Knowledge is what is known as opposed to what is not known to a human being. It is the product of thinking or thought, which usually employs or works with concepts, like truth, belief, and wisdom. The definition of knowledge should comply with the prerequisites of a definition and should reflect the nature (or further specifics or descriptors) of knowledge. Therefore the best way to define knowledge is to take an analogy, and use it as a model for defining knowledge. Knowledge is said to be acquired, or created through familiarization, hence what is known is then familiar to us.
Familiarity breeds through differentiation and sophistication, and typically works with smaller groups of people who share the same social experience, consisting mostly of the skills and competences of a trade or a profession, and a common language, meaning a vocabulary and the pragmatics of the same, the two basic factors related and associated in defining knowledge. Knowledge is essentially the consciousness of an object, i. e. of any thing, fact, or principle belonging to the physical, mental, or metaphysical order, that may in any manner be reached by cognitive faculties.
An event, a material substance, a man, a geometrical theorem, a mental process, the immortality of the soul, the existence and nature of God, may be so many objects of knowledge. Thus knowledge implies the antithesis of a knowing subject and a known object. It always possesses an objective character and any process that may be conceived as merely subjective is not a cognitive process. Any attempt to reduce the object to a purely subjective experience could result only in destroying the fact itself of knowledge, which implies the object, or not-self, as clearly as it does the subject, or self.
Truth and certitude are conditions of knowledge. A man may mistake error for truth and give his unreserved assent to a false statement. He may then be under the irresistible illusion that he knows, and subjectively the process is the same as that of knowledge; but an essential condition is lacking, namely, conformity of thought with reality, so that there we have only the appearance of knowledge. On the other hand, as long as any serious doubt remains in his mind, a man cannot say that he knows. “I think so” is far from meaning “I know it is so”; knowledge is not mere opinion or probable assent.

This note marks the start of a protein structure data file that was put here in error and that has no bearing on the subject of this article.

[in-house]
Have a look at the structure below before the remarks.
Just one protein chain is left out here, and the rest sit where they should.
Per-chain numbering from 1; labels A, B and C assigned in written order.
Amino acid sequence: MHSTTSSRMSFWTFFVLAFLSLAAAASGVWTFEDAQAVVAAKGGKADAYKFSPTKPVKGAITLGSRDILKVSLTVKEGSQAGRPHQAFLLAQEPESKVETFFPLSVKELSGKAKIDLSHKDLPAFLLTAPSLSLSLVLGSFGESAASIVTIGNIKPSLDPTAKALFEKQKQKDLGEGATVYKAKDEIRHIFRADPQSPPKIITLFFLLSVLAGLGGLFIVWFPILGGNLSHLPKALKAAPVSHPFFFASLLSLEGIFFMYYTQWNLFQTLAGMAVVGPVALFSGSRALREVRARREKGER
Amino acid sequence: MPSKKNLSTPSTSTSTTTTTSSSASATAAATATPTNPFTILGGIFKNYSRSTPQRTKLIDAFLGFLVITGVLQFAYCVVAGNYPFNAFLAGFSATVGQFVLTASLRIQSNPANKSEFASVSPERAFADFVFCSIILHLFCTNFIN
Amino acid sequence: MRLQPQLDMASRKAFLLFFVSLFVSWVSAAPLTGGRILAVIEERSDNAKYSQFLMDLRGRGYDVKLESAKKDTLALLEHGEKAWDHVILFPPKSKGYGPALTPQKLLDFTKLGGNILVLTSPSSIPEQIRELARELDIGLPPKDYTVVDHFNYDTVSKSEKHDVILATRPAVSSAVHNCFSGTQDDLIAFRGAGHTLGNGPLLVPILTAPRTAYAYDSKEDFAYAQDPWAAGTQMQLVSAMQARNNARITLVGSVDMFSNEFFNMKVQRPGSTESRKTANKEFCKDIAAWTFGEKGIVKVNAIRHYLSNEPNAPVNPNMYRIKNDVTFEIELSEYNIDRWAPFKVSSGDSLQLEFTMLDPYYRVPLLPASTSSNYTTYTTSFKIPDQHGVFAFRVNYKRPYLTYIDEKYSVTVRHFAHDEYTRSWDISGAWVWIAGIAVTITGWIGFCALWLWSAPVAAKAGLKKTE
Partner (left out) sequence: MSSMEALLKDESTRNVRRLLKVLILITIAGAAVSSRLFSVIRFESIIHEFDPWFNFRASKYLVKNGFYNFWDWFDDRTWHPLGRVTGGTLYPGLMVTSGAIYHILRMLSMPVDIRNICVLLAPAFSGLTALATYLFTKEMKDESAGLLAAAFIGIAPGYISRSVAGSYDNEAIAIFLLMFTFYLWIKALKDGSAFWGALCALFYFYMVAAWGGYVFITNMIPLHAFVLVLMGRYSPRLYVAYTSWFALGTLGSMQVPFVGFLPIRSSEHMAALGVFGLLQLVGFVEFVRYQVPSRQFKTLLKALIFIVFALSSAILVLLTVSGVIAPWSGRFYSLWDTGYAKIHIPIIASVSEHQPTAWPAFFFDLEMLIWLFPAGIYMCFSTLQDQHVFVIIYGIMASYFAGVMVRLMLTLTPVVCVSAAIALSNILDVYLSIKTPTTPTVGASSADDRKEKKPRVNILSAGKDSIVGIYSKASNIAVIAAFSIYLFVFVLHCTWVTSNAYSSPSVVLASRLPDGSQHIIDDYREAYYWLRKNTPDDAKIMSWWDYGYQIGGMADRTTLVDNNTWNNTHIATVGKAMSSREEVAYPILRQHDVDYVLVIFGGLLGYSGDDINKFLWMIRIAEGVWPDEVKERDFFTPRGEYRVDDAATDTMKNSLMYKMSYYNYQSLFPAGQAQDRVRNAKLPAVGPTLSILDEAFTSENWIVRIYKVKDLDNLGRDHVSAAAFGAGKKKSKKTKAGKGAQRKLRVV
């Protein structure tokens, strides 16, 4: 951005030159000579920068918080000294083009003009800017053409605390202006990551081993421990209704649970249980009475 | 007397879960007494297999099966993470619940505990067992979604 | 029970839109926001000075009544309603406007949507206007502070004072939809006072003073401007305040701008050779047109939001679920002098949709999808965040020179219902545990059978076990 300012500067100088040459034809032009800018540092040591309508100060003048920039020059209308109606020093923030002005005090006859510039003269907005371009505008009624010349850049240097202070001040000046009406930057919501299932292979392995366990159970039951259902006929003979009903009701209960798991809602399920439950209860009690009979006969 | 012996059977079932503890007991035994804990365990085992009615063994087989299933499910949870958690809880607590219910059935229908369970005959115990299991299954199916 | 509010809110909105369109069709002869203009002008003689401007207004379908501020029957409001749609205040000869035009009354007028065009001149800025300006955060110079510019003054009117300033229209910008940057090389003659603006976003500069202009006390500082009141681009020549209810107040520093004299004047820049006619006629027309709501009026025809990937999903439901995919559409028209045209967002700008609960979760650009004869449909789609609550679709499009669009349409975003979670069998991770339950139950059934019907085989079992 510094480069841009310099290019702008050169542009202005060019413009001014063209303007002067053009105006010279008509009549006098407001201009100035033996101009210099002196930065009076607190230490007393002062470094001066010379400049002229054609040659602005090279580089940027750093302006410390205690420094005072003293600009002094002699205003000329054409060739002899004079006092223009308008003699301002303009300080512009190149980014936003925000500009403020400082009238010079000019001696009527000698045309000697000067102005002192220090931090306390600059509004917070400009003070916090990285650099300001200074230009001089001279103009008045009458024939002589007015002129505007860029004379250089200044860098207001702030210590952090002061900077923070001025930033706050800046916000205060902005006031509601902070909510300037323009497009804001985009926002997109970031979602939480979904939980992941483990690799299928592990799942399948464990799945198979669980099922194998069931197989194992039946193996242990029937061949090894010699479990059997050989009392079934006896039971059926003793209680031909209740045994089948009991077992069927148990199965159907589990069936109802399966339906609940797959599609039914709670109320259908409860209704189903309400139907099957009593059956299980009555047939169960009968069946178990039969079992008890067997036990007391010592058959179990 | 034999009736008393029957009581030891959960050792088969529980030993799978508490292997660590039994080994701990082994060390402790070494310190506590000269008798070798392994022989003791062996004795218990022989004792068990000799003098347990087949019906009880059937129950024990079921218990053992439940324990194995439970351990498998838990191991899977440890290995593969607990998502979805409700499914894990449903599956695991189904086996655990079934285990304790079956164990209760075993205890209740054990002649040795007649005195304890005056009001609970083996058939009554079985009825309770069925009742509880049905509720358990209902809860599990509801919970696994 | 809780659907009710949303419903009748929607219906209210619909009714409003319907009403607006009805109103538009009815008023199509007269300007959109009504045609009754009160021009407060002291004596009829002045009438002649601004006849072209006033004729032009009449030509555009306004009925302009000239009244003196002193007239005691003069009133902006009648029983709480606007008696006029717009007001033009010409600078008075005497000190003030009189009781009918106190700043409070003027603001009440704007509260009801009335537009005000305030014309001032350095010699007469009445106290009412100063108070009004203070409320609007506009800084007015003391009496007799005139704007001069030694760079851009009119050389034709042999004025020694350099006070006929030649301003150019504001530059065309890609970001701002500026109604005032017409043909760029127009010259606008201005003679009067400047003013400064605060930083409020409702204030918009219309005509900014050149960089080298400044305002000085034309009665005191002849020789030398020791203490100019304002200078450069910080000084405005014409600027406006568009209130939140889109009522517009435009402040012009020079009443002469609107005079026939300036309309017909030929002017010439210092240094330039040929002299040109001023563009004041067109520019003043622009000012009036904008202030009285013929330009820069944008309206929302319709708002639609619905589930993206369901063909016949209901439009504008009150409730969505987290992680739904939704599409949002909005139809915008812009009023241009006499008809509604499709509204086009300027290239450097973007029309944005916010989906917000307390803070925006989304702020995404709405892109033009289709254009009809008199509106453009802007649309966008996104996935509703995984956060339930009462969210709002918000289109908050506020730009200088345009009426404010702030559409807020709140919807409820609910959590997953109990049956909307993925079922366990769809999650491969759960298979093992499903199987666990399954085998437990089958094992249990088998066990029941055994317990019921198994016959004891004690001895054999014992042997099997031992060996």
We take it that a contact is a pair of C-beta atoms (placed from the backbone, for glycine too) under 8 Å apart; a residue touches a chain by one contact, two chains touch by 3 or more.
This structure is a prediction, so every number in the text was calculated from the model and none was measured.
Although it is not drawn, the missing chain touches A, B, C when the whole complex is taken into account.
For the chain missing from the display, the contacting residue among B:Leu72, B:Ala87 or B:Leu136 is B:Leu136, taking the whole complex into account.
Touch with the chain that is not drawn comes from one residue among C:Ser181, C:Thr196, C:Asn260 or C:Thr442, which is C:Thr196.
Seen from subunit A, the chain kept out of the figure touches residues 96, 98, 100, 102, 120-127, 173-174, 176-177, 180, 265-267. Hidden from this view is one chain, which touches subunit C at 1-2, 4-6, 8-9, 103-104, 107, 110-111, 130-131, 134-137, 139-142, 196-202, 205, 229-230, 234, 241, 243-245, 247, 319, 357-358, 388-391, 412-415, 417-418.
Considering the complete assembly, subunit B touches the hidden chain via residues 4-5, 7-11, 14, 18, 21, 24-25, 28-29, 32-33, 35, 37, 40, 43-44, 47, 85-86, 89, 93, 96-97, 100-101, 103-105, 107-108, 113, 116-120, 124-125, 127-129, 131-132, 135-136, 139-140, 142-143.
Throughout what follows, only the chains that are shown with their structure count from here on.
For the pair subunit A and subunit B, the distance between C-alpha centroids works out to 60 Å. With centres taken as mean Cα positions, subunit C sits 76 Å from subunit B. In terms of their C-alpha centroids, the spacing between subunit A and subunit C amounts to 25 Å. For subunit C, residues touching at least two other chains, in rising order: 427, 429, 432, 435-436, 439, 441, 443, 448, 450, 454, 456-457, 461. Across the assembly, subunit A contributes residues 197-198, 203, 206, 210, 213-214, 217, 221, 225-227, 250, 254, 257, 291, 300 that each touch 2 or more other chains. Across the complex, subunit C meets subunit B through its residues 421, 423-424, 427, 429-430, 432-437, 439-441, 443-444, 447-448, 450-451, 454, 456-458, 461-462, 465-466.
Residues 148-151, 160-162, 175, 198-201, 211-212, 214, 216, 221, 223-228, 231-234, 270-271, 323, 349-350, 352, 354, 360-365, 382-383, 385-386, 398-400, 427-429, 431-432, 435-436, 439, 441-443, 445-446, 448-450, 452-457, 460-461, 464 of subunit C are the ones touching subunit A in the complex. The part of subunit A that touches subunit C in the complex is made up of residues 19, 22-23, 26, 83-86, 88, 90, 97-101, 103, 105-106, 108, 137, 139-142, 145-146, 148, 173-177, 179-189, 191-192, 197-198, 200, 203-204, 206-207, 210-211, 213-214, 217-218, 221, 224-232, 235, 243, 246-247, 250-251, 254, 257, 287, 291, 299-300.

The distinction between knowledge and belief is more difficult to draw, owing chiefly to the vague meaning of the latter term. Sometimes belief refers to assent without certitude, and denotes the attitude of the mind especially in regard to matters that are not governed by strict and uniform laws like those of the physical world, but depend on many complex factors and circumstances, as happens in human affairs. I know that water will freeze when it reaches a certain temperature; I believe that a man is fit for a certain office, or that the reforms endorsed by one political party will be more beneficial than those advocated by another.
Sometimes, also, both belief and knowledge imply certitude, and denote states of mental assurance of the truth. But in belief the evidence is more obscure and indistinct than in knowledge, either because the grounds on which the assent rests are not so clear, or because the evidence is not personal, but based on the testimony ofwitnesses, or again because, in addition to the objective evidence which draws the assent, there are subjective conditions that predispose to it. Belief seems to depend on a great many influences, emotions, interests, surroundings, etc. , besides the convincing reasons for which assent is given to truth.
Faith is based on the testimony of someone else–God or man according as we speak of Divine or of human faith. If the authority on which it rests has all the required guarantees, faith gives the certitude of the fact, the knowledge that it is true; but, of itself, it does not give the intrinsic evidence why it is so. Knowledge supposes a judgment, explicit or implicit. Apprehension, that is, the mental conception of a simple present object, is generally numbered among the cognitive processes, yet, of itself, it is not in the strict sense knowledge, but only its starting-point.
Properly speaking, we know only when we compare, identify, discriminate, connect; and these processes, equivalent to judgments, are found implicitly even in ordinary sense-perception. A few judgments are reached immediately, but by far the greater number require patient investigation. The mind is not merely passive in knowing, not a mirror or sensitized plate, in which objects picture themselves; it is also active in looking for conditions and causes, and in building up science out of the materials which it receives from experience. Thus observation and thought are two essential factors in knowledge.